The first person to follow me at the podium is Cindy, the first girlfriend my father had after my parents separated. I’d never liked her. I remember the time when she decided to get a pair of pet kittens, got bored of them within a couple of days, brought them to my dad and suggested they raise them together, and then forgot all about them and never asked after them again. Which was just as well, my father managed to kill them both within a month.

I only half pay attention to what she is saying, I don’t really need to listen as she talks about how long she’d known my father and how they’d met at work. Until she says something I do pay attention to: “… and seeing Aaron stand up there today reminded me so much of his father, that same easy way of talking and the same sort of mischievous grin on his face. I can only imagine that Les looked a bit like him at his age.”

That’s enough to make me cringe, comparisons to my father are about the last thing I ever want to hear. But I smile, or grin, or grimace as I am sitting in the front row of the pews and everyone seated behind me will see if I flinch. But she’s not done, she keeps talking and retells one of my father’s favorite anecdotes of me as a child: the time we were getting groceries and I held up length of sausage and shouted across the store at him, “Is this bigger than a horse’s cock?” Which made sense if you had known my father as he used that phrase often enough that by the time I started school I was half-convinced that “horse’s cock” was some actual formal unit of measurement, like a peck or a bushel. But Les had never explained that part of the story when he told it, and Cindy doesn’t do so either today as the anecdote for her is about my embarrassing my father in public.

Finally she is done and sits down amid the sound of the people seated behind me laughing and the next person to come to the podium is a complete stranger. I listen, half-curious and half-wanting to be anywhere else, as he introduces himself as one of my father’s co-workers and talks about how my father always had a joke to tell and then starts to tell another story that I recognize. He, a complete stranger I have never met before today, tells the story of a different trip to the grocery store with my father, the time when we were in the check-out lane and the pager on the belt of the rather large lady in front of us started beeping and I screamed aloud, “Look out dad, she’s backing up!” as if she was some large vehicle warning us of her intent to take a step backwards. He flubs the end a little, but no one but me seems to notice as everyone starts laughing again as he takes his seat.

If once was an exception, then twice seems to set the rule as everyone who follows at the podium takes a moment to speak of how they met my father, and then tells their favorite story of how awful I was as a child. People getting up one after another, most of whom I don’t know, all telling stories of the more embarrassing moments from my youth with just the briefest mentions of the person who they are supposed to be eulogizing. Until finally one of his dart team buddies takes the podium, with a stack of note cards and a speech prepared about my father, the times they spent at the bar drinking, the competitions they went to, how Les was a great dart player and a good friend drunk or sober. I am not too surprised; at least about my father who had been diabetic for a decade, and suffering from liver disease, still going out several nights a week to drink himself into a stupor.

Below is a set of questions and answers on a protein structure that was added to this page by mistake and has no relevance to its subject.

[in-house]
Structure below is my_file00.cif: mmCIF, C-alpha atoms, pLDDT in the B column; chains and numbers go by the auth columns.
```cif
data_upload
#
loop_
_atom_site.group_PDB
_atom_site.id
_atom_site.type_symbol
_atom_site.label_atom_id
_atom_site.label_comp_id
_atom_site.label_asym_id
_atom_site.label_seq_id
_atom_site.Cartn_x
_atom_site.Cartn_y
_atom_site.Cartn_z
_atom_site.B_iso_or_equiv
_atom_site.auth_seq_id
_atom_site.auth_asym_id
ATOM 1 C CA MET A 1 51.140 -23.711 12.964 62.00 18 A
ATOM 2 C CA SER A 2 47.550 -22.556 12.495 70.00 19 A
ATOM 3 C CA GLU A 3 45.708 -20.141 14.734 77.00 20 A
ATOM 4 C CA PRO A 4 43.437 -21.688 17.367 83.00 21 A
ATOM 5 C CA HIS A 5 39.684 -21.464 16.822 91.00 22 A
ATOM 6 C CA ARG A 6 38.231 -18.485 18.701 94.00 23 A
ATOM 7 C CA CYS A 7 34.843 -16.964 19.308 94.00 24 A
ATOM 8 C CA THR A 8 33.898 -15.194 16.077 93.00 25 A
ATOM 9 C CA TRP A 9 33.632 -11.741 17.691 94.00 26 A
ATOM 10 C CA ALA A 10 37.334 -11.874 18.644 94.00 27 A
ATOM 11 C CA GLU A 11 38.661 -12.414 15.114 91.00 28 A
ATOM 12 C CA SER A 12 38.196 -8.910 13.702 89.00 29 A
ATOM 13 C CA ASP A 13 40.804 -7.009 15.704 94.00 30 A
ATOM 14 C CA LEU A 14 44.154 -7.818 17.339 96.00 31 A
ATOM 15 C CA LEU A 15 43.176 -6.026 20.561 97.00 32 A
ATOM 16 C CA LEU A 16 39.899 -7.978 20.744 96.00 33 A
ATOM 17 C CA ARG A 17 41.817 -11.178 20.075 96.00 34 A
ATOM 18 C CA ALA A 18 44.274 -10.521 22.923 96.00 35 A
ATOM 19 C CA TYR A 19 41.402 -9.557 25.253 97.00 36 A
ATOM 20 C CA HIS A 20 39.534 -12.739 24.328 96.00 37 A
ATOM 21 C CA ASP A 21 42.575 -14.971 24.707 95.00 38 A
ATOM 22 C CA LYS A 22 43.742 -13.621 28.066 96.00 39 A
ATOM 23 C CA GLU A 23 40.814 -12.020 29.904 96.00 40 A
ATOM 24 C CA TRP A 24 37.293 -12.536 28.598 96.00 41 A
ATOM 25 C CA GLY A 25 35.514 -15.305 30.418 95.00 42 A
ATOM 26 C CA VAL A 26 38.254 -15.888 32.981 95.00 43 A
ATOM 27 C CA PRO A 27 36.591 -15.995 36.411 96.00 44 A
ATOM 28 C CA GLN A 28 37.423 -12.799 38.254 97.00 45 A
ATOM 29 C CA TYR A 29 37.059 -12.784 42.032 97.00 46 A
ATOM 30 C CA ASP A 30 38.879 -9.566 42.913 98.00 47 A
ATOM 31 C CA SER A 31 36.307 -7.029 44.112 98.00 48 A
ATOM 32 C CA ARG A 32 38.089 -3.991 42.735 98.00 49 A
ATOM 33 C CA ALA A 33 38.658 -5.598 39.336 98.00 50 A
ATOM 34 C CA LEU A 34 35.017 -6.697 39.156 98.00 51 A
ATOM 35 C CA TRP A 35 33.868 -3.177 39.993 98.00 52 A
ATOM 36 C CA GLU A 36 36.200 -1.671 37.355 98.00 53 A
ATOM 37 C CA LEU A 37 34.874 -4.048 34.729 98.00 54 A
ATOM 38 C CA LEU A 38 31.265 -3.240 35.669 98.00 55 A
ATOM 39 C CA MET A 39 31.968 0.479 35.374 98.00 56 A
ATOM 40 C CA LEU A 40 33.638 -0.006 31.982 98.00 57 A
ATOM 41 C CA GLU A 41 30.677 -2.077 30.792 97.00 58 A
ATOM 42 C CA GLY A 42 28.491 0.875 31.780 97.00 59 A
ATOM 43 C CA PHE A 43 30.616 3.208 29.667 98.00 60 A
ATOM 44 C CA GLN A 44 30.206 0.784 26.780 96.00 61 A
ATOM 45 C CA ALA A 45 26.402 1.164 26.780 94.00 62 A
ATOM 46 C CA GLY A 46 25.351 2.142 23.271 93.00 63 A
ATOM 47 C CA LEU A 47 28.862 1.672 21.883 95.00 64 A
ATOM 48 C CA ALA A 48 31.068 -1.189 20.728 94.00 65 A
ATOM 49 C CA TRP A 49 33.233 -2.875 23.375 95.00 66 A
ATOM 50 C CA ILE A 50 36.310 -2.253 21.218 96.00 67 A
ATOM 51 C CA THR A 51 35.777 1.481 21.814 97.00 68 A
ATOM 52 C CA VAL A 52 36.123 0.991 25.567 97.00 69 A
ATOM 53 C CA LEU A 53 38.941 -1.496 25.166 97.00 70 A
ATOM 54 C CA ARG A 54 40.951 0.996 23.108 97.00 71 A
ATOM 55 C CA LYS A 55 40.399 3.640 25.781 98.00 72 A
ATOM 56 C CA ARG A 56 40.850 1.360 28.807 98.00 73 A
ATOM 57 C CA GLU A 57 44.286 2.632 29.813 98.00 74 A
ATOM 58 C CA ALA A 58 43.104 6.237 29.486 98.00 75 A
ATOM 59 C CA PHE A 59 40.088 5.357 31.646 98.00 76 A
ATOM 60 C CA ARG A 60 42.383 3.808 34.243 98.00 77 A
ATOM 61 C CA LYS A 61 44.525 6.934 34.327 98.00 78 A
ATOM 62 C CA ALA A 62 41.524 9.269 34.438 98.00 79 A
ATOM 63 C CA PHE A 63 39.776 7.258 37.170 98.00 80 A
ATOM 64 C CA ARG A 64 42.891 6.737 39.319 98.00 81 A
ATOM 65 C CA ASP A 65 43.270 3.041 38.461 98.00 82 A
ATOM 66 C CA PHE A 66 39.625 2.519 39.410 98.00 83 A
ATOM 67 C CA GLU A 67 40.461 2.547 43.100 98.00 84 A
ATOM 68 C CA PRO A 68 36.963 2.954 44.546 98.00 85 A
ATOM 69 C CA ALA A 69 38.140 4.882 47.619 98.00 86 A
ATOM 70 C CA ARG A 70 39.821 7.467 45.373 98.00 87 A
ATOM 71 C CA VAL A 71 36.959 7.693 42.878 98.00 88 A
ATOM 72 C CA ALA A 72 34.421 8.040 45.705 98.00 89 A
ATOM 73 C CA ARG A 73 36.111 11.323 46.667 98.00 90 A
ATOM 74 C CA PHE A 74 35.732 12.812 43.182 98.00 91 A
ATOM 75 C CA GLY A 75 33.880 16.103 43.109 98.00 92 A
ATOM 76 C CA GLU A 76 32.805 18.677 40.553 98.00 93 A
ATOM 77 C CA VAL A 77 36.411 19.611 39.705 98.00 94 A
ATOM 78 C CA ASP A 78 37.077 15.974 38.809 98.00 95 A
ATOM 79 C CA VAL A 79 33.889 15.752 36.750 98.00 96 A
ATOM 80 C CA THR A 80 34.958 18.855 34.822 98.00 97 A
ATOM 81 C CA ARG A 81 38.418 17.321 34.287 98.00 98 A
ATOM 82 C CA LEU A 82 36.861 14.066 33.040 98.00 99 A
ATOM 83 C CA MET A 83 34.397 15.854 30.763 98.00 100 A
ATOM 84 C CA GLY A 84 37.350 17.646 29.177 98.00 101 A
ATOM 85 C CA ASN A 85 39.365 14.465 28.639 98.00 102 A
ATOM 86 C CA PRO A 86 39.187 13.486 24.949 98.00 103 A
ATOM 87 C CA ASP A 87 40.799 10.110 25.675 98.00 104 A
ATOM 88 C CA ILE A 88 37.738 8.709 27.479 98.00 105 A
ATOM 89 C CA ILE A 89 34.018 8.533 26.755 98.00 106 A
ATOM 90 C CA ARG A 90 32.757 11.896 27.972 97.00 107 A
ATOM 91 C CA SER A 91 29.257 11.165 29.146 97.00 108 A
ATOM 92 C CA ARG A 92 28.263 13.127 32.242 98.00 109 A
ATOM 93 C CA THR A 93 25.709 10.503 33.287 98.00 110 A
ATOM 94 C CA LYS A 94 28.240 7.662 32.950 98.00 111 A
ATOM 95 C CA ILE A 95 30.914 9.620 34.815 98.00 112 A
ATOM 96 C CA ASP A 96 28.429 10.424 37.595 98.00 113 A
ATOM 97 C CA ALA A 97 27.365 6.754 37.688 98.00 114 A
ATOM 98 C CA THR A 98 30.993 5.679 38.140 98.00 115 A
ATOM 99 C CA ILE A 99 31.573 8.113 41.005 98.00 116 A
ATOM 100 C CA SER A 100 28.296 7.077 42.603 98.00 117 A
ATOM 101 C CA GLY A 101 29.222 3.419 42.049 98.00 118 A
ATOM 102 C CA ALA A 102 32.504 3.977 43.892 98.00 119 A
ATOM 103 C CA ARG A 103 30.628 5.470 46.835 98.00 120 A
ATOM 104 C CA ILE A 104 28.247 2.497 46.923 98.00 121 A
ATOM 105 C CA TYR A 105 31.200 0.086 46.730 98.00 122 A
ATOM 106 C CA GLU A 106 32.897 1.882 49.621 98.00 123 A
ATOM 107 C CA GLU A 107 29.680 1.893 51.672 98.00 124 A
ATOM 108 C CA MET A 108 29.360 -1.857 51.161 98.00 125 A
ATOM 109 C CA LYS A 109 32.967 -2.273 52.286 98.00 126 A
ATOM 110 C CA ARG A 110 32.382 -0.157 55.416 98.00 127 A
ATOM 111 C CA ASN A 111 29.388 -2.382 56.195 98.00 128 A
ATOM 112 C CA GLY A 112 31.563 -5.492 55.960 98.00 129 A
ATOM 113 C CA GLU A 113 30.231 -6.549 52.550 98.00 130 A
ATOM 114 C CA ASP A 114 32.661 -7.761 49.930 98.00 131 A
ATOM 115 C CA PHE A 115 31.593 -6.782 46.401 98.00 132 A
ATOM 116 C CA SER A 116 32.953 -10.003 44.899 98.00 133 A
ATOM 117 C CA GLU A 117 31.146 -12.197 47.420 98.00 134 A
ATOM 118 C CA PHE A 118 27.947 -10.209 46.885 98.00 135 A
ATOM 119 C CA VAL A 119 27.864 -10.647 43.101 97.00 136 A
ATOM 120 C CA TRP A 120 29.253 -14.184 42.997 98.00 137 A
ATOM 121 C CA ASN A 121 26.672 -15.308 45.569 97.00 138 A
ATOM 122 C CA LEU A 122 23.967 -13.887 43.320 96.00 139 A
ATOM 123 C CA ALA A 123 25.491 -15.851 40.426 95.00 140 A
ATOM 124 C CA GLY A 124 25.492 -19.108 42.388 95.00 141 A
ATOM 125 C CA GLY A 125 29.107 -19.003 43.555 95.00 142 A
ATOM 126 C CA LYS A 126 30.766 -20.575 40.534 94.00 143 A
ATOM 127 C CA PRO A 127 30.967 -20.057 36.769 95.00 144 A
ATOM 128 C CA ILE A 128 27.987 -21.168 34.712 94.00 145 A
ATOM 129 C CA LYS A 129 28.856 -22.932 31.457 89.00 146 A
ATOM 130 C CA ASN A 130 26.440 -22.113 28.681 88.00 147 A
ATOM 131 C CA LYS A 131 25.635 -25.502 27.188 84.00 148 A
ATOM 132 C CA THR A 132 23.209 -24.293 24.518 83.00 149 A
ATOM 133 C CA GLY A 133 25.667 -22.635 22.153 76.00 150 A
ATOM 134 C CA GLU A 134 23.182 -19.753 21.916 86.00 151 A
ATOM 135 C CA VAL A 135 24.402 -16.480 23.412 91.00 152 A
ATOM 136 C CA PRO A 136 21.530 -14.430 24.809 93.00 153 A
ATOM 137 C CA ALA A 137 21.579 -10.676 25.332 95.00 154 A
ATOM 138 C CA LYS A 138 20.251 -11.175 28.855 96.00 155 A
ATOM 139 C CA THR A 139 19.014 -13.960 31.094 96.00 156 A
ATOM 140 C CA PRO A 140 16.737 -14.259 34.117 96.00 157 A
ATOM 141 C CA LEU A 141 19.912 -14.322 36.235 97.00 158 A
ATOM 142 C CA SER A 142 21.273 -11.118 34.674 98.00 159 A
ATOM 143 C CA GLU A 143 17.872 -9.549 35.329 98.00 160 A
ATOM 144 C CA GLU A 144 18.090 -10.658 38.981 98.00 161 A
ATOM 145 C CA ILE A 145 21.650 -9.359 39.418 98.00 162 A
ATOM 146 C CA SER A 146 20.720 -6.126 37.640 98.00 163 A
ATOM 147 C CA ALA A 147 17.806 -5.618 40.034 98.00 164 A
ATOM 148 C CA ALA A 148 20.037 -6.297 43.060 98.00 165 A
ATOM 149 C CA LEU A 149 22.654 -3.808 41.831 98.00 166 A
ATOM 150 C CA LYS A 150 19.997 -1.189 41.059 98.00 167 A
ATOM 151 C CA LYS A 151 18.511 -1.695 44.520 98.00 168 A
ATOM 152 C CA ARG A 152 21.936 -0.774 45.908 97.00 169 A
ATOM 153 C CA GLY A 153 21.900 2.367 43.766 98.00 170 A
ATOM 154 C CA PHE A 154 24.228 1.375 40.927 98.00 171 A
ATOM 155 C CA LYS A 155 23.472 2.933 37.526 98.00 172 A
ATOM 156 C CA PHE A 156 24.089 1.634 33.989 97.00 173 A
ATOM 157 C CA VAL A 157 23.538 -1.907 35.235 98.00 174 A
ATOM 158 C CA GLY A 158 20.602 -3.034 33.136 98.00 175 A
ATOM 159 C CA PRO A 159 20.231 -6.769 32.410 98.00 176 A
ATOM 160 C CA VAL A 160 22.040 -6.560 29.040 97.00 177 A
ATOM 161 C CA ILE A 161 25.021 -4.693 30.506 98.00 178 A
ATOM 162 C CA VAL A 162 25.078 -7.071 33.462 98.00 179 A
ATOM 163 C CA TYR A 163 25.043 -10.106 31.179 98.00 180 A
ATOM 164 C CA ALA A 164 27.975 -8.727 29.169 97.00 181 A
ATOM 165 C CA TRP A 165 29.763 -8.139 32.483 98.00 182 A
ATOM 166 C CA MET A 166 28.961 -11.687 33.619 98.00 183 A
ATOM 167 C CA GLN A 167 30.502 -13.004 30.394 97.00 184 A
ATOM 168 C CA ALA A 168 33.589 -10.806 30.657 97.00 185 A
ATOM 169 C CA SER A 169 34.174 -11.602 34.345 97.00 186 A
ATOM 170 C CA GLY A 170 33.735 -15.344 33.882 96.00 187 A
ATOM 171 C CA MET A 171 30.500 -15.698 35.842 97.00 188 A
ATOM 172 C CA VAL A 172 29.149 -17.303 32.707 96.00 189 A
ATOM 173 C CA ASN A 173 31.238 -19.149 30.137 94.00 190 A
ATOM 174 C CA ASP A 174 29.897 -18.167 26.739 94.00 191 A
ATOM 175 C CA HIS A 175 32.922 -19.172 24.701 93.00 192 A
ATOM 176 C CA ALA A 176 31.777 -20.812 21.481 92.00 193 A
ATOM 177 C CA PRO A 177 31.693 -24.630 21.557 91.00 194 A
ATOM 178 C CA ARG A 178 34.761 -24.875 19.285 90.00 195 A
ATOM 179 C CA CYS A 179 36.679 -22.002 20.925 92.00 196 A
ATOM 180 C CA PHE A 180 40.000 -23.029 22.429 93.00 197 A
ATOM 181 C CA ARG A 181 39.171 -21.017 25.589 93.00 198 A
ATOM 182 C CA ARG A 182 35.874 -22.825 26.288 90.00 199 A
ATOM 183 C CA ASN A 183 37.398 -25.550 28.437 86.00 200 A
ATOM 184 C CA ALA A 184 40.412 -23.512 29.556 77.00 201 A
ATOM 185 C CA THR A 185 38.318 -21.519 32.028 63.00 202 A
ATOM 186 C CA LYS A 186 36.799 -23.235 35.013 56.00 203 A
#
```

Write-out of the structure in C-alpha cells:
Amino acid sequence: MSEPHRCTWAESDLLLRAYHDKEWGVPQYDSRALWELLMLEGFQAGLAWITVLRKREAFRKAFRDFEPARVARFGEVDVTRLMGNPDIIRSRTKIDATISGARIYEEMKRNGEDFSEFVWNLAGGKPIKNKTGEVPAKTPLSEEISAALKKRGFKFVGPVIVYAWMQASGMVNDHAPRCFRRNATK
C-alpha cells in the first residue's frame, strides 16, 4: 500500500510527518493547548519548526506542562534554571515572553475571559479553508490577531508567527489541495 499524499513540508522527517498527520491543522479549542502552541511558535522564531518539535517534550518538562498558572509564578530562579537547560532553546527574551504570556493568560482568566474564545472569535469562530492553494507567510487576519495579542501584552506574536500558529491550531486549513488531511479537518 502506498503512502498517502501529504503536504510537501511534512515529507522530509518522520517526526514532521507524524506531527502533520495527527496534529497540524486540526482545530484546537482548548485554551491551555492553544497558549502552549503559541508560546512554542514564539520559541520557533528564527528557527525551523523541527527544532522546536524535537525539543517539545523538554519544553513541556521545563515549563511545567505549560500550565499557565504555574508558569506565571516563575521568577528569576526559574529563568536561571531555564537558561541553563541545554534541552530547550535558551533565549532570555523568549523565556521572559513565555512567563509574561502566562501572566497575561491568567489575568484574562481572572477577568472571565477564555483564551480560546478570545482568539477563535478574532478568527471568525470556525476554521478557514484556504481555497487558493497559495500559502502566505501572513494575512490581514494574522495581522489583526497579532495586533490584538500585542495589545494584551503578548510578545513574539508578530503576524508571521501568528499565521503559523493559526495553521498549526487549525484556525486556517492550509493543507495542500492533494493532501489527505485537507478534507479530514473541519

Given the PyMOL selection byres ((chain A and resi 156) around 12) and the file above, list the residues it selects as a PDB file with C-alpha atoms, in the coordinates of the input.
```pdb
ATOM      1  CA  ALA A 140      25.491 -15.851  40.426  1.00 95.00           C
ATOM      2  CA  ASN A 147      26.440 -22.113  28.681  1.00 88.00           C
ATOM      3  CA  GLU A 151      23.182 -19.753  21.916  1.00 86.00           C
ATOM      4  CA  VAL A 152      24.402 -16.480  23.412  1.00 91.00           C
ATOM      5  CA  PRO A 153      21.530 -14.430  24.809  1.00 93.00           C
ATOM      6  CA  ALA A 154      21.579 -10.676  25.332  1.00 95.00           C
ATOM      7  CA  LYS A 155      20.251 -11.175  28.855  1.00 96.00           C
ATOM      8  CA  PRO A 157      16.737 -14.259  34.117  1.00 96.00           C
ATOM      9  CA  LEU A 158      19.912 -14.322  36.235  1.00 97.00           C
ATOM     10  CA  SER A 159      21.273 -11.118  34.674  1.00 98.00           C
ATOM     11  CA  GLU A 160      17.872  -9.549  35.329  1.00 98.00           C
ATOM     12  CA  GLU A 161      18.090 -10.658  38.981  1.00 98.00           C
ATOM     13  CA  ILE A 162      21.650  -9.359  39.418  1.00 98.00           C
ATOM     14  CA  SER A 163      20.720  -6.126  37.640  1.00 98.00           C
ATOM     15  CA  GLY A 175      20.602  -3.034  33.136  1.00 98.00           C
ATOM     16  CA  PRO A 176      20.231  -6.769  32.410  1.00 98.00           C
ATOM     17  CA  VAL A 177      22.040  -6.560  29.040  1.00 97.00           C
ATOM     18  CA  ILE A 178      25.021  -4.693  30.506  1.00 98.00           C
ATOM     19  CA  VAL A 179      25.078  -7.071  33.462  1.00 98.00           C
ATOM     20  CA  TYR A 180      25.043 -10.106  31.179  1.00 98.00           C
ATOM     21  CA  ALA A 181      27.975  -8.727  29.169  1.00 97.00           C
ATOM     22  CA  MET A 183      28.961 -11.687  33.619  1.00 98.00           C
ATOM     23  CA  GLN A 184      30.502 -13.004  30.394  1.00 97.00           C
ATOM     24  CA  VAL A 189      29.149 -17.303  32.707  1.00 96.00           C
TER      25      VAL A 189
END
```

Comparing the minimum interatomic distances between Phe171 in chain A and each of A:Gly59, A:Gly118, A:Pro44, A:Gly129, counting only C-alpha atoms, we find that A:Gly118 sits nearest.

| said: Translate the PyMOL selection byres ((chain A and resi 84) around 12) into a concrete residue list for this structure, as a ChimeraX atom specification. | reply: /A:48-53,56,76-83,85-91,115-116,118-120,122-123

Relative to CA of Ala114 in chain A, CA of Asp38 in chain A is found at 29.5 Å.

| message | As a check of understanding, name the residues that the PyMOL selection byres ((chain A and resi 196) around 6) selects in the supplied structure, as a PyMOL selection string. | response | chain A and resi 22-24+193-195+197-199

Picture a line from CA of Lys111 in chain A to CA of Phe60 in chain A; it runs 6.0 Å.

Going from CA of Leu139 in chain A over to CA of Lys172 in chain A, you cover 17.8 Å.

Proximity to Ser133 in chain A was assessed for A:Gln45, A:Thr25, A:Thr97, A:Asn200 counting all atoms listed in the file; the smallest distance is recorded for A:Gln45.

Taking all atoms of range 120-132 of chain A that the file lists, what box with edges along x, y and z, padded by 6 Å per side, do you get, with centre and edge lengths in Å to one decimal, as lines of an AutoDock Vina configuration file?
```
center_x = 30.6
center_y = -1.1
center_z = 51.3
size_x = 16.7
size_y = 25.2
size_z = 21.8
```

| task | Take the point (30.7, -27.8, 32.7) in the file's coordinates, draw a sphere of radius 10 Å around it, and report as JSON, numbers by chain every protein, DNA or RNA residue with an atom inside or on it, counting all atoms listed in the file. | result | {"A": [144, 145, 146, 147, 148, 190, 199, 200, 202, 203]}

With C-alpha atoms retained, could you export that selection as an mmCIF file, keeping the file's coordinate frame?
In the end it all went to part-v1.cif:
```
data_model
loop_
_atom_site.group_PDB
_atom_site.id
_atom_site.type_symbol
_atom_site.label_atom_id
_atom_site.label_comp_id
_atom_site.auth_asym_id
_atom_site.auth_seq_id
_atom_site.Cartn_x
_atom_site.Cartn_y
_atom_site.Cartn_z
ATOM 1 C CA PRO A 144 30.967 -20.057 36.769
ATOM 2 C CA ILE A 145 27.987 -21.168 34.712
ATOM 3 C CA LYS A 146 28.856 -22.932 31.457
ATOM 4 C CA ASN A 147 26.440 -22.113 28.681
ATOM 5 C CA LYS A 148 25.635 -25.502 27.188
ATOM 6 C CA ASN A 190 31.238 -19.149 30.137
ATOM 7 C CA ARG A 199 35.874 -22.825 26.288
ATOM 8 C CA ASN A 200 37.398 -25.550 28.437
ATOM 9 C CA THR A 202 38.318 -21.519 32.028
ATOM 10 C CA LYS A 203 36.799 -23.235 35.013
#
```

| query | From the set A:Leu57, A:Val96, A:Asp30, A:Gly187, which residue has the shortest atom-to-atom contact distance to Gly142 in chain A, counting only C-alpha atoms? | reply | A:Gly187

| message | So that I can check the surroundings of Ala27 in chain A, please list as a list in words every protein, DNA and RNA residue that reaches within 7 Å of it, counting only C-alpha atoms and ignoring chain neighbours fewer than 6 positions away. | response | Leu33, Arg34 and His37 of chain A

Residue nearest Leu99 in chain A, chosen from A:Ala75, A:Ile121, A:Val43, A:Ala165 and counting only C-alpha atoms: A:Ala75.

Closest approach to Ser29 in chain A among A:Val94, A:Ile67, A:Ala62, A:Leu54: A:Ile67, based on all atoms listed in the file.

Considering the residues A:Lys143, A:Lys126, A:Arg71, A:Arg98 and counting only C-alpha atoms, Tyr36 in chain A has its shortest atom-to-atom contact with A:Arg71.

There is a pause after he is done, he has interrupted the flow by doing what is expected at a funeral and actually eulogizing the dead guy. Then, as the seconds stretch, my uncle Mark gets up to take the podium. My uncle talks for a while about my father as a kid, about him as a brother, and just as I think the stories about me are done he ends with the tale of the Christmas my father took his presents with him to his family’s big holiday gathering and discovered that the present from me contained a pair of sheep-skin slippers, a wool sweater, and an inflatable sheep sex-toy. Most of the hilarity comes from Mark’s depiction of my father having to explain to my grandmother how no the sheep wasn’t a pool float, yes it was inflatable but it was a toy for inside the house.

For a moment I want to get up and take a turn again at the podium, tell the tale of how my father was found naked in bed, alongside a stack of porn, a jar of vaseline, and that same inflatable sheep half-deflated after a month. But that isn’t what today is about. I have to remind myself that I have won the war my father and I have fought since I was a kid, fought at times with fists or words or finally in the last years with silence. He has died and quit the field and even if I have to sit through this day of parting shots fired on his behalf, it is done and I have out-lived him and won.

The next five hours pass much the same, my sitting there in the front of the church trying not to fidget too much as the pew grows increasingly uncomfortable. Finally, at hour eight of the planned two hour service, there reaches a point where no one seems to have anything left to say as most everyone has taken a turn at the podium, a couple people twice taking turns. I stand now at the podium and speak my lies again, thanking everyone for attending and sharing their stories of my father, and with that it is done and people begin to leave.

Moving among the crowd, shaking the hands of strangers as they leave, I overhear little slips of conversation, “That was a nice speech he gave, Les always made him out to be a pretty awful son.”

Hearing that I think to myself, “Hah, vindicated! Try as he might with all the stories he told of me, with everyone sharing their stories of me, in the end I won!”

But then I hear, “Yeah, he reminds me so much of his father.” and I feel the knife sink into my back again.